Dalla rivista "L'Anthropologie", vol. 115, issue 2, pages 197-342 (April-May 2011):

· Le Paléolithique ancien de l’Europe orientale et du Caucase 

· Étude préliminaire des industries archaïques de faciès Oldowayen du site de Hummal (El Kowm, Syrie centrale) 

· Le gisement acheuléen de plein air de La Garde (Loire). Remarques sur une série lithique acheuléenne entre Rhône et Loire 

· La gestion du quartz au Pléistocène moyen et supérieur. Trois exemples d’Europe Méridionale 

Segnalazione bibliografica:

M. Arzarello - F. Fontana - M. Peresani, Manuale di tecnologia litica preistorica. Concetti, metodi e tecniche, ed. Carocci, Roma 2011

M. Dini, La scheggiatura della pietra nel Paleolitico, Maria Pacini Fazzi editore, Lucca 2010

Dalla rivista "Archeologia Viva" (n. 147, maggio-giugno 2011, pp. 30-39)

Gargano. Minatori nella preistoria

Il Gargano è stato il più antico distretto minerario d'Europa. Lo sanno in pochi. Il termine "distretto" non è casuale. Le ricerche degli ultimi venticinque anni sul promontorio pugliese hanno infatti portato in luce un'ampia rete di miniere preistoriche, attiva per ben 3500 anni, dal primo Neolitico alla fine dell'età del Rame, grosso modo dagli inizi del VI alla metà del III millennio a.C. Queste miniere erano rivolte all'estrazione della selce, roccia dal colore variabile che per tutta la preistoria ha costituito la principale materia prima di origine minerale. Con essa furono fabbricati la quasi totalità dei manufatti giunti fino a noi. Il Gargano è incredibilmente ricco di selce di ottima qualità per la scheggiatura e questo fattore favorì senz'altro il suo popolamento in età preistorica. Tutt'oggi, nonostante decenni di raccolte indiscriminate, è ancora possibile individuare in superficie grandi dispersioni di selci lavorate. Il più delle volte si tratta di aree di lavorazione della selce, in genere direttamente collegate a punti di estrazione della materia prima. Se ne rese conto, fin dagli anni Trenta del secolo scorso, Ugo Rellini, al quale dobbiamo le prime scoperte di miniere di selce sul Gargano. Fino agli anni Ottanta, tuttavia, si è ritenuto che il fenomeno fosse riferibile alla sola età del Rame (circa 4000-2300 a.C.) e che interessasse strutture sotterranee di piccole dimensioni. Il quadro cambiò radicalmente con la scoperta della miniera della Defensola, nel comune di Vieste (Fg), dove la presenza di ceramica impressa permise subito di retrodatare al Neolitico antico, ovvero agli inizi del VI millennio a.C., l'inizio delle attività minerarie sul Gargano (...)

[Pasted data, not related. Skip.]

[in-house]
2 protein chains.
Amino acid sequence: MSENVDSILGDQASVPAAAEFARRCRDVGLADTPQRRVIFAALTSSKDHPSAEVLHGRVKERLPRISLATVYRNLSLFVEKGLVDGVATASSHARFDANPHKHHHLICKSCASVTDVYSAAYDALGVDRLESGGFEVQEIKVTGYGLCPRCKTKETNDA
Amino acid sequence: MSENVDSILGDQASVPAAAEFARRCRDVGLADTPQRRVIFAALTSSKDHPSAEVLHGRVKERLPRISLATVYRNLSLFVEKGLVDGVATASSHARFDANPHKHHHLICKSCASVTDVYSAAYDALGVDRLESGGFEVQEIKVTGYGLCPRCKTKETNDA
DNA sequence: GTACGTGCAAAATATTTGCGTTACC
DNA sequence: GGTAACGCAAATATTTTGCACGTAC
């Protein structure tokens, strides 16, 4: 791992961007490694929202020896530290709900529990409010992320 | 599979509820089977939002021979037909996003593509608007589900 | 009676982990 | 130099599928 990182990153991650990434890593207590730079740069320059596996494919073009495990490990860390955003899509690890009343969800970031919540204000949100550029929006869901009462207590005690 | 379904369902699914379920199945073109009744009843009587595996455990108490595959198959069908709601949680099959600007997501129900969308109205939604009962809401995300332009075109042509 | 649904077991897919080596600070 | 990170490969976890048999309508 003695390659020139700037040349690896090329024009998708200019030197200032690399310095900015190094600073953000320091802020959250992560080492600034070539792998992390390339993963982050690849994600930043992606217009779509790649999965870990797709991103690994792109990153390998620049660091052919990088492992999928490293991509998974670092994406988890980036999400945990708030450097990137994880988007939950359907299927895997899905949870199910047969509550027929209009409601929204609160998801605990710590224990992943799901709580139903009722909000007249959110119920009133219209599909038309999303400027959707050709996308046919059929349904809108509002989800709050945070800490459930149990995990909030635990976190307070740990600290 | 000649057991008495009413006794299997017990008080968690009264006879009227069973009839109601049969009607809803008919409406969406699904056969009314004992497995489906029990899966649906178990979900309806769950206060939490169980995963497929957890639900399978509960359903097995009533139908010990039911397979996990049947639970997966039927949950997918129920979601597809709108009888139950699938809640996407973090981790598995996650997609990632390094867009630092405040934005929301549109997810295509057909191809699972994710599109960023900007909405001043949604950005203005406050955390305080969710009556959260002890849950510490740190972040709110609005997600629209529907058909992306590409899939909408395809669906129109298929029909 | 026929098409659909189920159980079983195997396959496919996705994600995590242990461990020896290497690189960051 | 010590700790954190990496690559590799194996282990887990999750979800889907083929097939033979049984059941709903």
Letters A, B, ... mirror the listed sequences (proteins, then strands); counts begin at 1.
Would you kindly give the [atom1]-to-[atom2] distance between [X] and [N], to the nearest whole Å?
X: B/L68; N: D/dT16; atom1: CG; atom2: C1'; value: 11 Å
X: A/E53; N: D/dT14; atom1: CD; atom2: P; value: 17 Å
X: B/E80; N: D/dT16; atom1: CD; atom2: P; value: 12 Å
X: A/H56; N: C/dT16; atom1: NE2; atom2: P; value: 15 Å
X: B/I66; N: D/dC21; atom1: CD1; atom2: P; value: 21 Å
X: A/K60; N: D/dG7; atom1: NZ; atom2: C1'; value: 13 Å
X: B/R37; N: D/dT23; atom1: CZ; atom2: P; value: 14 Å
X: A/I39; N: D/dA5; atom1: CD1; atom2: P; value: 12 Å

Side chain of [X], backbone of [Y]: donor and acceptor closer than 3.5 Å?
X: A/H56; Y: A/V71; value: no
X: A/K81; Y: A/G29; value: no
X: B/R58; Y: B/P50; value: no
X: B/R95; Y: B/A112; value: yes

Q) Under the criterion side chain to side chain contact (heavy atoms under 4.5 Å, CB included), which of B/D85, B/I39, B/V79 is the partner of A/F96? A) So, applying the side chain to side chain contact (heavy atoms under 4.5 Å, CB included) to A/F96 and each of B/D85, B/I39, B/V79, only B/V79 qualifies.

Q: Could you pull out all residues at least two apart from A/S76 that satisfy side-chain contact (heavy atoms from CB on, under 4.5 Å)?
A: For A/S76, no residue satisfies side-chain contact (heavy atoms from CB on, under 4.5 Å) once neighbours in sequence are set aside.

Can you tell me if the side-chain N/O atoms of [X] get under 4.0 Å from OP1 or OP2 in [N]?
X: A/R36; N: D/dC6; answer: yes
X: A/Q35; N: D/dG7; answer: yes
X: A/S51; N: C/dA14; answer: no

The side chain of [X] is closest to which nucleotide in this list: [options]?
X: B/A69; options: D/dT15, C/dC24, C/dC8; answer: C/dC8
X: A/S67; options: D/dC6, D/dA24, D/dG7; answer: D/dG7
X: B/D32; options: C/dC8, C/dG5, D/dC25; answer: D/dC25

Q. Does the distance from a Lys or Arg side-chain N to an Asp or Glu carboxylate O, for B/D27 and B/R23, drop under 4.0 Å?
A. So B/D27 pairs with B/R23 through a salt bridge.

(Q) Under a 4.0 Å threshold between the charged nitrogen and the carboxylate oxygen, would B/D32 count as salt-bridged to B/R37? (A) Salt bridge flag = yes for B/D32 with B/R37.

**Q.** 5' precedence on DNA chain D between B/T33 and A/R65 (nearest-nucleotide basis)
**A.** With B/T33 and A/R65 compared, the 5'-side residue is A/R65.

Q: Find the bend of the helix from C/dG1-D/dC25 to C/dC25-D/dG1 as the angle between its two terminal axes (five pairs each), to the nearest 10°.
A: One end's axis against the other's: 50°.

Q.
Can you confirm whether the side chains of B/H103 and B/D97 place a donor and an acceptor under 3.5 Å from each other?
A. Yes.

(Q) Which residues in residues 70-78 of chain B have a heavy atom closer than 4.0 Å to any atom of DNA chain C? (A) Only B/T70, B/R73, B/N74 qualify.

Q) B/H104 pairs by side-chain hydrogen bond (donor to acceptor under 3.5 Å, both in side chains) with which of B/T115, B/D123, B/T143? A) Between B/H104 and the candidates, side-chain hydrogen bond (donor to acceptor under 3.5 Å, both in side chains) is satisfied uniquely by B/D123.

· Approfondimenti: Capire senza scavare (prospezioni geofisiche) - Un progetto lungo venticinque anni - Antiche miniere di selce in Europa - Tecniche minerarie diverse - Un patrimonio da proteggere

· Articolo a cura di: M. Tarantini (Dipartimento di Archeologia e Storia delle Arti, Università di Siena) 

Neandertal postcranial remains from the Sima de las Palomas del Cabezo Gordo, Murcia, southeastern Spain - di M. J. Walker, J. Ortega, M. V. López, K. Parmová, E. Trinkaus, "American Journal of Physical Anthropology", vol. 144, 4, pp. 505-515, april 2011

The Sima de las Palomas, southeastern Spain, has yielded a series of Neandertal postcranial remains, including immature and mature isolated elements and the fragmentary partial skeleton of a young adult (Palomas 92). The remains largely conform to the general late archaic/Neandertal morphological pattern in terms of humeral diaphyseal shape, pectoralis major tuberosity size and pillar thickness, ulnar coronoid process height, manual middle phalangeal epiphyseal breadth, manual distal phalangeal tuberosity shape and breadth, femoral diaphyseal shape, and probably body proportions. Palomas 92 contrasts with the Neandertals in having variably gracile hand remains, a more sellar trapezial metacarpal 1 facet, more anteroposteriorly expanded mid-proximal femoral diaphysis, and less robust pedal proximal phalanges. The Palomas Neandertals contrast with more northern European Neandertals particularly in various reflections of overall body size. Am J Phys Anthropol, 2011. © 2010 Wiley-Liss, Inc.

Are Homo sapiens nonsupranuchal fossa and neanderthal suprainiac fossa convergent traits? - di W. Nowaczewska, "American Journal of Physical Anthropology", vol. 144, 4, pp. 552-563, april 2011